Is the Current Recovery Due to Tax Cuts and Less Government Spending?
President Bush says yes:
Bush said November’s strong job growth was due to what he said was a policy of cutting taxes and restraining spending and pledged to continue with that strategy.
Restraining spending? I thought the rightwing talking points were supposed to blame the deficit on an explosion in government spending as tax cuts allegedly lead to Laffer curve effects? As in the National Review’s Phil Kerpen & Peter Roff who claim:
The 2003 tax-rate cuts supercharged business investment, which climbed by 4.4 percent in 2003 and an outsized 13.2 percent in 2004. The 2003 tax bill was a huge supply-side success story. The bill’s provisions, especially the capital-gains rate cut, the dividend rate cut, and the small business expensing provisions, boosted the after-tax returns on capital and encouraged a sharp turnaround in business investment. With the budget deficit standing at a paltry 2.6 percent of GDP and the economy humming along, it should be unthinkable that policymakers would enact a series of massive tax hikes that could derail the good times.
Does this remind you of Greenspan’s remarks, which were also covered by Mark Thoma?:
His view is that tax increases alone cannot solve the budget problem because the size of the tax increases required would severely curtail economic growth. Thus, cuts in spending will be necessary.
If large tax increases severely curtail growth via Keynesian aggregate demand effects, then won’t reduction in government spending do the same? OK, this is an excuse to note another Mark Thoma post:
For example, consider an increase in government spending. This is, in part, self-financing, just like tax cuts are claimed to be. When government spending increases, output increases by some multiple of the increase in government spending through the expenditure multiplier, and this causes taxes to increase. Therefore, an increase in government spending raises taxes and helps to pay for itself.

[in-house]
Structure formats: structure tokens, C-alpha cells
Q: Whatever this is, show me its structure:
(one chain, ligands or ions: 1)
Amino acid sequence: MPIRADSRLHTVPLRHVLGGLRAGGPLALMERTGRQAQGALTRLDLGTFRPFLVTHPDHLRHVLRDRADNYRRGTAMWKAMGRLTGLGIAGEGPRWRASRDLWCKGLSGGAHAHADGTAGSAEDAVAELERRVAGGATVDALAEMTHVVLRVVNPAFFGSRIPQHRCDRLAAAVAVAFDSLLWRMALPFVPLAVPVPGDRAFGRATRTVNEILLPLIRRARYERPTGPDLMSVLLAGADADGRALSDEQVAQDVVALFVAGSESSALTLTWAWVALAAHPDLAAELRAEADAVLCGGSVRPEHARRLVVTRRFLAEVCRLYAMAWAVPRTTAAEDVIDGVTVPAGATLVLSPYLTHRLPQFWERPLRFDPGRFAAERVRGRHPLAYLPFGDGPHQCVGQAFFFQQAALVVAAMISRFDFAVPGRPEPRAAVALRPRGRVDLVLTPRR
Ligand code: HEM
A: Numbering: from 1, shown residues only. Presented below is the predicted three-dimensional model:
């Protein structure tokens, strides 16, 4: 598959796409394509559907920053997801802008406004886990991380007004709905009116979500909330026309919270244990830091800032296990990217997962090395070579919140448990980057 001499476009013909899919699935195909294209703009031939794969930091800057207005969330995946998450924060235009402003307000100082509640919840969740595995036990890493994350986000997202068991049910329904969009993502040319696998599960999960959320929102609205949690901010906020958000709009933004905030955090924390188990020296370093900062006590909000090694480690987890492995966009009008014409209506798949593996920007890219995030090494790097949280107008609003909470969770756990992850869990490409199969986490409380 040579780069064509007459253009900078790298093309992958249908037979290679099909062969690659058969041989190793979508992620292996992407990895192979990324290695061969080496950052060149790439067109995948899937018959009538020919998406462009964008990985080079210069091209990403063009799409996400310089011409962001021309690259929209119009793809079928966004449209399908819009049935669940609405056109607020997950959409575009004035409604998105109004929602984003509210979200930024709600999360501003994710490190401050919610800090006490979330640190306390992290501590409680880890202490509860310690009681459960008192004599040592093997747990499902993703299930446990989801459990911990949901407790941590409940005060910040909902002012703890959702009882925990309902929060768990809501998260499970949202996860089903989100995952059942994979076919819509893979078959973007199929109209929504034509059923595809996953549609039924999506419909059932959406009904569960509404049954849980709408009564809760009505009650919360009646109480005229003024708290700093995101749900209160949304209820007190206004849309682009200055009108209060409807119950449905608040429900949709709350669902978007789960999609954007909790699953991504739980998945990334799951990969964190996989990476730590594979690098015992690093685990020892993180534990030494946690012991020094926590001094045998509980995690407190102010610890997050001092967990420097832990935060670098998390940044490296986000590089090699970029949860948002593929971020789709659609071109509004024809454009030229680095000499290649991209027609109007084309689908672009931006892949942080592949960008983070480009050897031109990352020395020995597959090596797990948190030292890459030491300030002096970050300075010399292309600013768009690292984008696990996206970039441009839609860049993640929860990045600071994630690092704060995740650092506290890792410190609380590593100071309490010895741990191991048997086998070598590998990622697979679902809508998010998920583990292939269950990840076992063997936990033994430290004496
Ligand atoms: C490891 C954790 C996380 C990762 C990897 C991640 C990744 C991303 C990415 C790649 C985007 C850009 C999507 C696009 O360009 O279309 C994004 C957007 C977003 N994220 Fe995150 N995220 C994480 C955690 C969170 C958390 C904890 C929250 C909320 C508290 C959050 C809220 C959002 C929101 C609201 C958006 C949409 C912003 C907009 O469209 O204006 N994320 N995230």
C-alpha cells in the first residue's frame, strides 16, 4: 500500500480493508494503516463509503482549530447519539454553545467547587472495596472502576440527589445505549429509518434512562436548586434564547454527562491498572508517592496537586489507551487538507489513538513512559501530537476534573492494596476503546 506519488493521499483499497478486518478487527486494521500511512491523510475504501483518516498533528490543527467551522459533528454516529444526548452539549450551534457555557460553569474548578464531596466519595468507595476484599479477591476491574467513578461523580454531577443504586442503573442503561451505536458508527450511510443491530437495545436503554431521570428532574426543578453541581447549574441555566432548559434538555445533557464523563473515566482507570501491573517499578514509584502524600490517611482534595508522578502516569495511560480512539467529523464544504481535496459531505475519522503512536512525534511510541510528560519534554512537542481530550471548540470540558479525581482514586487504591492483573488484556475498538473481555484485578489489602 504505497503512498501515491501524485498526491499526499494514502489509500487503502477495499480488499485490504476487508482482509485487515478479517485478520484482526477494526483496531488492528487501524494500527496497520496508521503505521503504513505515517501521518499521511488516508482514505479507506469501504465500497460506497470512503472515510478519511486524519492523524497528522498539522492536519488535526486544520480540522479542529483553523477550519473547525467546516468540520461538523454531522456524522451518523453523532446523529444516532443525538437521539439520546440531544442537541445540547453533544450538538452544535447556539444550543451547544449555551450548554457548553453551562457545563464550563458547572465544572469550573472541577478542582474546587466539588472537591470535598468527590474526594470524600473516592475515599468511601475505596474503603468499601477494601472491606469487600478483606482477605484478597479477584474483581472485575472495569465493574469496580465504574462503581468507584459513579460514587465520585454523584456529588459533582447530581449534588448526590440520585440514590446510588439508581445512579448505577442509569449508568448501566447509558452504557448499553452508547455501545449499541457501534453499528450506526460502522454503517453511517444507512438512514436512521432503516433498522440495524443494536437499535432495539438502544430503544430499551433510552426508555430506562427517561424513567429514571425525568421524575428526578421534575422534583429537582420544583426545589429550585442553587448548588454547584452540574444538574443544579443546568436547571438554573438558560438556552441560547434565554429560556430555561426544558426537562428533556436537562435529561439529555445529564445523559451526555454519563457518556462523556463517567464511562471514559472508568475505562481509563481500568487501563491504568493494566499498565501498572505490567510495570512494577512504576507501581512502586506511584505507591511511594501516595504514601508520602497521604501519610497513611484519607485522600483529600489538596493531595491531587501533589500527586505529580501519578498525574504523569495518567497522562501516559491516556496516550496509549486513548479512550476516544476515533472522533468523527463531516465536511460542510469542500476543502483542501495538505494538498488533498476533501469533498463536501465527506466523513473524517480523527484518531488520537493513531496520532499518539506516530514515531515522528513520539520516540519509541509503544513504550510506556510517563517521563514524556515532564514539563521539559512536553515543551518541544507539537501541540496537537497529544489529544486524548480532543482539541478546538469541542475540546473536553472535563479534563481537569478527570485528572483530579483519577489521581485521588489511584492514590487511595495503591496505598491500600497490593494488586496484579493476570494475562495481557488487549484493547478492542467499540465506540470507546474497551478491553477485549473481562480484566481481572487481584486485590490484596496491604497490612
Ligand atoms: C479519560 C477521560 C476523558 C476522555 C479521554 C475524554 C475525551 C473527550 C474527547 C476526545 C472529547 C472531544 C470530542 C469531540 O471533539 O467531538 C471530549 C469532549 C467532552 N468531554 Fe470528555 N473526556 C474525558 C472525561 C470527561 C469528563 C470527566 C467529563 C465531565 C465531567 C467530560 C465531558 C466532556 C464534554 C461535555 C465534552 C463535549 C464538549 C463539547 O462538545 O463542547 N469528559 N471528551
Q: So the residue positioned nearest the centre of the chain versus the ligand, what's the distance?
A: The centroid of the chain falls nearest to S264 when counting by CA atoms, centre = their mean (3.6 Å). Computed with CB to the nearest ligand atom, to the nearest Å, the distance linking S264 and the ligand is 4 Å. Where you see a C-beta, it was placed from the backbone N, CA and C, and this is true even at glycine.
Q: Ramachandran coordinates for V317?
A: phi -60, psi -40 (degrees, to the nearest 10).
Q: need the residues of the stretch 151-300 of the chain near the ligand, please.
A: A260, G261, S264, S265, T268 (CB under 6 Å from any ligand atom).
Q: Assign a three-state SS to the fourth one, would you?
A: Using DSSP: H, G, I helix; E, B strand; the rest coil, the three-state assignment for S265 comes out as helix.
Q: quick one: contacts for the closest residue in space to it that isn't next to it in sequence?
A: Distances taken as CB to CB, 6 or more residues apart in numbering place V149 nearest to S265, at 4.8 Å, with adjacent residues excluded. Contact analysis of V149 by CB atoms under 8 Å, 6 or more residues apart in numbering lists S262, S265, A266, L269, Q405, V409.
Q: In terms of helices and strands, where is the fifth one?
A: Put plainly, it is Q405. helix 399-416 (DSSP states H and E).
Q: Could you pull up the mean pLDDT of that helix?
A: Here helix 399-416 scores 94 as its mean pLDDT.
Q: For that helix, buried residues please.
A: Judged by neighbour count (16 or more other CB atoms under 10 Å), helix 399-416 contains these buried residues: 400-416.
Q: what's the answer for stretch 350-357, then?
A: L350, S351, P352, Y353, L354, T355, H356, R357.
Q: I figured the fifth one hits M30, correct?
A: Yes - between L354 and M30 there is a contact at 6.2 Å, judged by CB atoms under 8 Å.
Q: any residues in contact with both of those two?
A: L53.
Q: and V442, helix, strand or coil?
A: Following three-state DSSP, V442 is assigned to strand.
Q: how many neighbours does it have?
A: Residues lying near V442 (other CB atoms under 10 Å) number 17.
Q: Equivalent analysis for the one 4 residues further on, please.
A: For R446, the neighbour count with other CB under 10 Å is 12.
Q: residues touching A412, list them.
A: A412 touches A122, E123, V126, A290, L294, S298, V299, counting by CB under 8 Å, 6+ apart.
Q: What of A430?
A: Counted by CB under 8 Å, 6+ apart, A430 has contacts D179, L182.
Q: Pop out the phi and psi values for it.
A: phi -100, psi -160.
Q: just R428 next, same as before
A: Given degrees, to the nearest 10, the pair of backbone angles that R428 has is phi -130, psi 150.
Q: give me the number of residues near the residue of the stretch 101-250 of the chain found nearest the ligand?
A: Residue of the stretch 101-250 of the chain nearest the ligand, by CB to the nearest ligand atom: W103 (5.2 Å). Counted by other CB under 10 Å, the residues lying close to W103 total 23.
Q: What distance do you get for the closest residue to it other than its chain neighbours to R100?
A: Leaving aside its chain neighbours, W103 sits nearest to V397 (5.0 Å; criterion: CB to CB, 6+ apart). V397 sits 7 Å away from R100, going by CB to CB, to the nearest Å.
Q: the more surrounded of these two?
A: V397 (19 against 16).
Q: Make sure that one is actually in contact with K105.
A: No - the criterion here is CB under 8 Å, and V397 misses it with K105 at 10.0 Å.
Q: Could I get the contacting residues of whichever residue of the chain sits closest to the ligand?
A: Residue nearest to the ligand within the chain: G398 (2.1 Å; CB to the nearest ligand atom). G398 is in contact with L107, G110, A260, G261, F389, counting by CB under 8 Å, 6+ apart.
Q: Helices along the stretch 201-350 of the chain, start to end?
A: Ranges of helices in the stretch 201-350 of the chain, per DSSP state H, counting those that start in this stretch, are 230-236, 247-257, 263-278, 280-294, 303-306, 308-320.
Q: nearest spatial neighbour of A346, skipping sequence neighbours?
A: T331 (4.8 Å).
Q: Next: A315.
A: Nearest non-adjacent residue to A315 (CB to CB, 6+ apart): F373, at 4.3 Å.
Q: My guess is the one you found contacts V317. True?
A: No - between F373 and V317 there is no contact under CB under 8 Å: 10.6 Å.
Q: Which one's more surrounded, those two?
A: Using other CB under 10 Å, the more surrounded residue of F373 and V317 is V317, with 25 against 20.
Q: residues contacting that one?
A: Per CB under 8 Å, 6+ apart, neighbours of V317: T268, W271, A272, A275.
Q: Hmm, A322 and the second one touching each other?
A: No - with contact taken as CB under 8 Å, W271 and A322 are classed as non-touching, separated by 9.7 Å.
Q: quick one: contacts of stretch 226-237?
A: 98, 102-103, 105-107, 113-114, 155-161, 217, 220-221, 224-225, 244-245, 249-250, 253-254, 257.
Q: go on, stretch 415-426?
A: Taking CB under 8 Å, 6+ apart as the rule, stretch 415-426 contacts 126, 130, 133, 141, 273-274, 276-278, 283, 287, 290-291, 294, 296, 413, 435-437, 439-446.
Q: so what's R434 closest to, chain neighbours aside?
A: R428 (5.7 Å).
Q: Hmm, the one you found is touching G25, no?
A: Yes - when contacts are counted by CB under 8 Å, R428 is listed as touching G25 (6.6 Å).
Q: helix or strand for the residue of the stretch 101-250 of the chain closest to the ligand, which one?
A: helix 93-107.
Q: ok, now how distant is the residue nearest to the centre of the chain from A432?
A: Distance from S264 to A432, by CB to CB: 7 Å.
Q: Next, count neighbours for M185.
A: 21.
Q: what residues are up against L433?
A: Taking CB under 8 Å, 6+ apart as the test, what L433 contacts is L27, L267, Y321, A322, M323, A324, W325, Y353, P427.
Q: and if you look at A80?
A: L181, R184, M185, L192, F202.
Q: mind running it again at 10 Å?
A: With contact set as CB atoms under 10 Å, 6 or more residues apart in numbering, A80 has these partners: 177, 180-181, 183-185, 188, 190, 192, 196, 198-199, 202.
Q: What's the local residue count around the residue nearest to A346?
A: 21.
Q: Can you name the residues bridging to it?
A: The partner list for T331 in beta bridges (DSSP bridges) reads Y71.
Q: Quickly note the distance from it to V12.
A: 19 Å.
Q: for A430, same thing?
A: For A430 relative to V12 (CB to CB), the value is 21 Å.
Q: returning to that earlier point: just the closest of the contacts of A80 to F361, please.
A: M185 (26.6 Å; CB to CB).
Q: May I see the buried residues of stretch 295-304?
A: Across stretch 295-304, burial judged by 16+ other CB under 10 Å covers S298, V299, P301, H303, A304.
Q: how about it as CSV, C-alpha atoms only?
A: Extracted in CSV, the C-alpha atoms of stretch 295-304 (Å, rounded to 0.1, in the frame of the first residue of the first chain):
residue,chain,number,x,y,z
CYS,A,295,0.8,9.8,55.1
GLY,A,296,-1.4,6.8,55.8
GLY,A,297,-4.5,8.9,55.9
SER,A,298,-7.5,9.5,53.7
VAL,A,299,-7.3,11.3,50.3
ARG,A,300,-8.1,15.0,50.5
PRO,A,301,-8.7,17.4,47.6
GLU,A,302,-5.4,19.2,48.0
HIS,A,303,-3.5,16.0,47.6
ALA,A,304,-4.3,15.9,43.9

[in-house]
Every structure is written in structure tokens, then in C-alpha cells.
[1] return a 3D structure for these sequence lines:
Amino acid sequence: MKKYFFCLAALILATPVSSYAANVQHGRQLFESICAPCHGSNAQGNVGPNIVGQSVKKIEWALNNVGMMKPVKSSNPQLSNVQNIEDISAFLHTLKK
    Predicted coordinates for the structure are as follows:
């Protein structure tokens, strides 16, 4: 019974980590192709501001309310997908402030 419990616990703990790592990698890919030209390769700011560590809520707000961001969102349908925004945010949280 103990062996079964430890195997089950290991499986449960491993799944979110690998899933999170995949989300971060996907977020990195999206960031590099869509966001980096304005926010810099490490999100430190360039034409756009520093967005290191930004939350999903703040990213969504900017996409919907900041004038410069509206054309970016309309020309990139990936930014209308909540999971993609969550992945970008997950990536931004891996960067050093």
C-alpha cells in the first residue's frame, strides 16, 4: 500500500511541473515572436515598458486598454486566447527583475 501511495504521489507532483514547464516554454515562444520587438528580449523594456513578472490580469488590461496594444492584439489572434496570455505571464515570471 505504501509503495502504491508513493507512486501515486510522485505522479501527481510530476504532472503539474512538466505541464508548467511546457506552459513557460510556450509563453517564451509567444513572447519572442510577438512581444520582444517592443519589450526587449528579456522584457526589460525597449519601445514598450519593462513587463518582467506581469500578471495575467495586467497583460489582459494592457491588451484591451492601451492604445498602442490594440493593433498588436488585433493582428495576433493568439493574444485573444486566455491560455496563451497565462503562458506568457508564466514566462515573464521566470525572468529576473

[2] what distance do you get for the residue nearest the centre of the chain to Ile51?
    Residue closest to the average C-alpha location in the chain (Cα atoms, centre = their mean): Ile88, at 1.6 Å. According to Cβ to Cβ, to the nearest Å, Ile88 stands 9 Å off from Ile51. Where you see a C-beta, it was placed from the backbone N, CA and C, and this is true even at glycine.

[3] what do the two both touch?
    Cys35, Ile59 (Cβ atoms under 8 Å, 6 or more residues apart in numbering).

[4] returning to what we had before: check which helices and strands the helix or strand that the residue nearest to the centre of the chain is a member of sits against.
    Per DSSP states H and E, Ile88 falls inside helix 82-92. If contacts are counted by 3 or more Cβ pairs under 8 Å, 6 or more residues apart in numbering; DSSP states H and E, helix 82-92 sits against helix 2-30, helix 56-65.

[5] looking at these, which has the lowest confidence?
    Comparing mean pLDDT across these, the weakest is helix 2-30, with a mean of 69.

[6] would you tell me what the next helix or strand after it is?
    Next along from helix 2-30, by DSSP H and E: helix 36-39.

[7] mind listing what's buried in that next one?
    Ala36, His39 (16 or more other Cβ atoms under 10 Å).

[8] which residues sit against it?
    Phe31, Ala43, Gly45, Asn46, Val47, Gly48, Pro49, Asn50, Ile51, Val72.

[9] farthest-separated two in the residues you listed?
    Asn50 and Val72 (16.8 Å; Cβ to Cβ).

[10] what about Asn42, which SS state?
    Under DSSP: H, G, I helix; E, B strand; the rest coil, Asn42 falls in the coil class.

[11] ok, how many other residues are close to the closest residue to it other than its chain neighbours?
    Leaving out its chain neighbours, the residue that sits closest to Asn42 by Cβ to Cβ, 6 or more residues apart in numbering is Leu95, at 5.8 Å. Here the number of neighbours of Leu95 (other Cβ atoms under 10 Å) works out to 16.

OK – if the concern is short-term variations in output and transitory effects on the deficit, I could understand all of this Keynesian talk. But if the issue is long-term growth and long-run fiscal solvency, Greenspan’s and Bush’s remarks likely have Keynes rolling in the grave (I’m assuming Mark is just having fun with Bush and Greenspan).
But let me give Kerpen & Roff the benefit of the doubt and assume that they are talking about long-term growth. What is the evidence that Bush’s fiscal policies have spurred investment via some supply-side effect? First of all, the fact that the sum of consumption and government purchases as shares of output have risen means less national savings – not more. Secondly, let’s check out the following graph of investment relative to GDP (OK, this was all one gigantic excuse to draw a graph) from the first quarter of 2000 to the third quarter of 2005. Investment as a share of GDP is still lower than it was five years ago when tax rates were higher. So the Kerpen & Roff case for tax rate reductions leading to more investment does not quite cut it.
Tyler Cowen provides a more serious case for reducing tax rates on capital income by increasing other tax rates. More on Tyler’s argument later.
Follow-up: The Commerce Department’s NIPA table 1.1.3 is entitled “Real Gross Domestic Product, Quantity Indexes” and have as its index, 2000 = 100. The numbers provide an easy way to see the increase in real GDP and real government purchases since 2000. Real GDP has increased by 14.15%, which is not all that terrific for a 5-year period.
Bush’s claim that government spending has been restrained seems to be a bit of a lie. Total government purchases (Federal, state, and local) have risen by 16.15%, while Federal government purchases have increased by 29.68%.